VIP treatment. Ethical dilemma for paper? - page 2
by metfan, MSN, RN | 6,050 Views | 28 Comments
I have to do a paper on an ethical dilemma for my BSN program. It seems lots of students are doing end of life care and patient autonomy. I want to do something different and maybe a little newer. We have real issues at work... Read More
- 0Oct 3, '12 by blondy2061h, MSN, RNI think you could do the VIP dilemma with what said VIP wants vs what's best for them medically. IE, they're CEO, in for an MI, and wife brought in a fish fry for dinner. How do you as the nurse recognize that they likely know they shouldn't eat that, but they still want to? How do you step in while still recognizing their autonomy?
- 1Oct 3, '12 by MrChicagoRNActually, it's a viable topic. Generally, it is not unethical to give someone preferential treatment. It does become an ethical issue if someone else gets Lesser treatment because of the VIP's needs getting met instead. For example, if the VIP call light must be answered first, regardless of actual needs.
- 2Oct 3, '12 by Asystole RN, BSN, RNQuote from MrChicagoRNIn academic writing, viable topics need viable supporting literature.Actually, it's a viable topic. Generally, it is not unethical to give someone preferential treatment. It does become an ethical issue if someone else gets Lesser treatment because of the VIP's needs getting met instead. For example, if the VIP call light must be answered first, regardless of actual needs.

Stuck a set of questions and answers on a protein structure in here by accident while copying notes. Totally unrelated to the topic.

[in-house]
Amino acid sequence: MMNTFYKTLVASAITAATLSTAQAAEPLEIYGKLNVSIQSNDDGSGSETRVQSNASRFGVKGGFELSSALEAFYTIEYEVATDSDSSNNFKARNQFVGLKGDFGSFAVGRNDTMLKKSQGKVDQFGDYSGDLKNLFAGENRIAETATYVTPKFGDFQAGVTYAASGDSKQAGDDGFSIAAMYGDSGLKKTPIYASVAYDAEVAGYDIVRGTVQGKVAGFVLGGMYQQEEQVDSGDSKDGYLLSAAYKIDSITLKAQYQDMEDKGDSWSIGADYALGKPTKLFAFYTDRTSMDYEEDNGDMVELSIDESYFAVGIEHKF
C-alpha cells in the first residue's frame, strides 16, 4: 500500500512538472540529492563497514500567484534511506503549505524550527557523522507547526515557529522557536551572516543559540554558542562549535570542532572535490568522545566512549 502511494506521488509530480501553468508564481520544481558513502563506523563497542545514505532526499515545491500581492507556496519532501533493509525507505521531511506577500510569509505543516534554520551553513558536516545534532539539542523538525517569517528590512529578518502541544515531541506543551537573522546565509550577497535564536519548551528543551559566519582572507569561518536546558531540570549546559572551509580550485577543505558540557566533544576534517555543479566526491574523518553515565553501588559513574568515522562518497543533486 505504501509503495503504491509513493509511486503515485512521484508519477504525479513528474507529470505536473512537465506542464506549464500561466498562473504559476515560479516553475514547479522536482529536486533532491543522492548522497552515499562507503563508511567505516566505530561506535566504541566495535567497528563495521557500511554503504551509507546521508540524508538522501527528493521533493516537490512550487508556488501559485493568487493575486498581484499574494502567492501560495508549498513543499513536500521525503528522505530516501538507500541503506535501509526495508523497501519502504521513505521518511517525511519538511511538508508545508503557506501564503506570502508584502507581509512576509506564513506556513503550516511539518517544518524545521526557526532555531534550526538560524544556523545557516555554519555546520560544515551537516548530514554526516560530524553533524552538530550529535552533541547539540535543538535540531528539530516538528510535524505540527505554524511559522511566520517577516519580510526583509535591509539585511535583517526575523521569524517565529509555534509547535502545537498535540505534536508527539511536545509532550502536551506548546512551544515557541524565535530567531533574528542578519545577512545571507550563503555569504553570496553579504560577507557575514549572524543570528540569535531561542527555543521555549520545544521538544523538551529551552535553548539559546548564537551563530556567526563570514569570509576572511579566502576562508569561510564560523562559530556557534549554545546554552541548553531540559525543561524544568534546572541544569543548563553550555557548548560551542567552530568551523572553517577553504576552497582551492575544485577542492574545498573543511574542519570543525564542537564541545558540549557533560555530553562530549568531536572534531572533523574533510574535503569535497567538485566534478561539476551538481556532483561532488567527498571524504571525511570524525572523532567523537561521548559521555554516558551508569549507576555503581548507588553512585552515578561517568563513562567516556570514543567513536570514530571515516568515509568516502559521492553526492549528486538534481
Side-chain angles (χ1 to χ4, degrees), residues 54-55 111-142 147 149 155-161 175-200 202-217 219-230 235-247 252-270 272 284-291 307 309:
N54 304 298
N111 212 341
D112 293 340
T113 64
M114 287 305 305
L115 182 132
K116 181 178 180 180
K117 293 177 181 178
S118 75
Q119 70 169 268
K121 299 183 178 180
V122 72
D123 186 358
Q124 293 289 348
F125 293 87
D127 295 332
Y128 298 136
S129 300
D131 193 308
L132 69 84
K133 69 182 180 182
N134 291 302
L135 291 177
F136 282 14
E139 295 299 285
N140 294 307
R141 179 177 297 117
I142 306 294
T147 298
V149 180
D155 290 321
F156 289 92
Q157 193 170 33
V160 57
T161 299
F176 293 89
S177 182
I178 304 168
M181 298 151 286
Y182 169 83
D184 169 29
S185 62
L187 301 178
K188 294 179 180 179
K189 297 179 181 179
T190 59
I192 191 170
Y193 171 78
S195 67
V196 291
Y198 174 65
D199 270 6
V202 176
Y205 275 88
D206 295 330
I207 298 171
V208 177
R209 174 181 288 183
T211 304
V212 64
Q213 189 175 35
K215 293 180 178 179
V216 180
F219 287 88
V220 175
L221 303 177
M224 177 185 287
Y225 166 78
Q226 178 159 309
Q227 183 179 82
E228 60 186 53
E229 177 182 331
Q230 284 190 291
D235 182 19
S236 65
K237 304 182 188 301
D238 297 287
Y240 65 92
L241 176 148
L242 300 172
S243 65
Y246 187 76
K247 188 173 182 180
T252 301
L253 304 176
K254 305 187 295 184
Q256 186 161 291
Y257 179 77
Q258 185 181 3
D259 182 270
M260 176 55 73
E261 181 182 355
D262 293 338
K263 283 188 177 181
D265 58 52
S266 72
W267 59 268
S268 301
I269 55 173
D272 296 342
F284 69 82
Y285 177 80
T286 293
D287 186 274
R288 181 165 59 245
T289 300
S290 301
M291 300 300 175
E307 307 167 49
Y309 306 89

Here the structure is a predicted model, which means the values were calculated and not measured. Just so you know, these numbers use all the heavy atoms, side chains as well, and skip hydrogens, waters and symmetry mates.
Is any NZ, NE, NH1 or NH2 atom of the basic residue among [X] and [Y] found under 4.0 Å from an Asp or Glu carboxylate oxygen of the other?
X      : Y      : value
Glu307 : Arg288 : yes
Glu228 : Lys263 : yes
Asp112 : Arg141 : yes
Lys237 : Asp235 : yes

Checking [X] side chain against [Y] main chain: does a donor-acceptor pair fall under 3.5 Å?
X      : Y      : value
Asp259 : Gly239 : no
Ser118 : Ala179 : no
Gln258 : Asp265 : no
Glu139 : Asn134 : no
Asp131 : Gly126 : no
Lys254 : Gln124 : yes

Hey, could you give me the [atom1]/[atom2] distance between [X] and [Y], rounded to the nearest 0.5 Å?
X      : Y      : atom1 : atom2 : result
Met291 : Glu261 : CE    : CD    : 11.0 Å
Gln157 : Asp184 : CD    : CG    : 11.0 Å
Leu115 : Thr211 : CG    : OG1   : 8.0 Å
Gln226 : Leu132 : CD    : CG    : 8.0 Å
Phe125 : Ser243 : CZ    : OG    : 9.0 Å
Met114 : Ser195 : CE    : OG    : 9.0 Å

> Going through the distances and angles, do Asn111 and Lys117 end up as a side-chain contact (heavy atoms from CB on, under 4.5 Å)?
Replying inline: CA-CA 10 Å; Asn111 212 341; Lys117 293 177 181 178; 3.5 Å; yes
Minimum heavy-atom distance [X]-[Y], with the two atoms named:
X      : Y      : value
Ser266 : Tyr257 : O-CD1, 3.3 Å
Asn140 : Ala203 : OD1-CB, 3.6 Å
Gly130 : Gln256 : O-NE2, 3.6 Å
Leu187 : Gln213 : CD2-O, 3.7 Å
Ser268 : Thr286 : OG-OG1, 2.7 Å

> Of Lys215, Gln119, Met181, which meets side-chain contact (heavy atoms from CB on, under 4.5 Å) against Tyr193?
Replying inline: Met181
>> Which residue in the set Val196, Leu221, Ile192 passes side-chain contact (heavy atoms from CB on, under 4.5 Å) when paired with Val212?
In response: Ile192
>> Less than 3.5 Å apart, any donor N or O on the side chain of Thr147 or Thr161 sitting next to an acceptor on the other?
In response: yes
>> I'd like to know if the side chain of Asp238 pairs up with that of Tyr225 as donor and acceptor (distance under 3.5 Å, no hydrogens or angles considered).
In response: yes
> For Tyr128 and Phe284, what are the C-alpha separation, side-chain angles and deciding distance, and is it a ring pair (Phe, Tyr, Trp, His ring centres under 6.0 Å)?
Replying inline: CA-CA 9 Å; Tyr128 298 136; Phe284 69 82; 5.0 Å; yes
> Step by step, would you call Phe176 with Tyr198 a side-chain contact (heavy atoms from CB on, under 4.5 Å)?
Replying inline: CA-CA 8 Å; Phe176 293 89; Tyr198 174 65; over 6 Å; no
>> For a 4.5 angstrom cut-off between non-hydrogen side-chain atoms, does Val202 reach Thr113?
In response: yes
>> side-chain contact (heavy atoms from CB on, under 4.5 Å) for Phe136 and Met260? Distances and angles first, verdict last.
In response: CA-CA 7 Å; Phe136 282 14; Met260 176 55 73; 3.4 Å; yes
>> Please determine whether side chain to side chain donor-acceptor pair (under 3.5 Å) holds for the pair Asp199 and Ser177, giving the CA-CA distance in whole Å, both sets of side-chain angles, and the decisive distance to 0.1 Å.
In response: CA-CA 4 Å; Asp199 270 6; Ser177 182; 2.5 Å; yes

If one were to look at the topic in the abstract, healthcare is about allocating limited resources for an unlimited need. The preferred care of a person who does not consume as many resources as they provide over those who will not provide as many resources is not unethical if the lack of preferred care equates to a loss of the gross amount of resources on hand.
More gross resources = more care given to a larger population. If one must invest a greater amount of resources on an individual venture to increase the gross availability of resources then so much the better.
- 0Oct 3, '12 by tokebiI don't know if you already decided against it, metfan. But I thought your topic was really interesting and relevant.
Looking at the problem in terms of ethical principles (autonomy, veracity, beneficence,...), it clearly violates the principle of justice -- fair distribution of resources. "What is fair distribution?" is of course a huge topic to discuss. If I were to write this, I would start by laying out what I believe is the fair distribution for a given hospital -- its mission statement could come into this, and describe how VIP situation violates justice and cause ethical dilemma. It would be really interesting to ask the question, "Does a large donation warrant preferental treatment at the expense of other patients, or should all patients receive treatment soley based on the necessity of their medical condition?"
- 0Oct 3, '12 by flexisealIn my experiences working at various hospitals, the VIPs were treated the exact same in regards to their care as anyone else. Care in the sense of their medical treatment plan. The only difference was they usually had a better room, and were made to feel more comfortable - like with visits from a patient relations worker, or etc... One hospital I worked at would send a package with a blanket with the hospital name on it, and maybe a gift basket with snacks. The family may have an area for them with snacks and even wine to use, instead of the waiting room.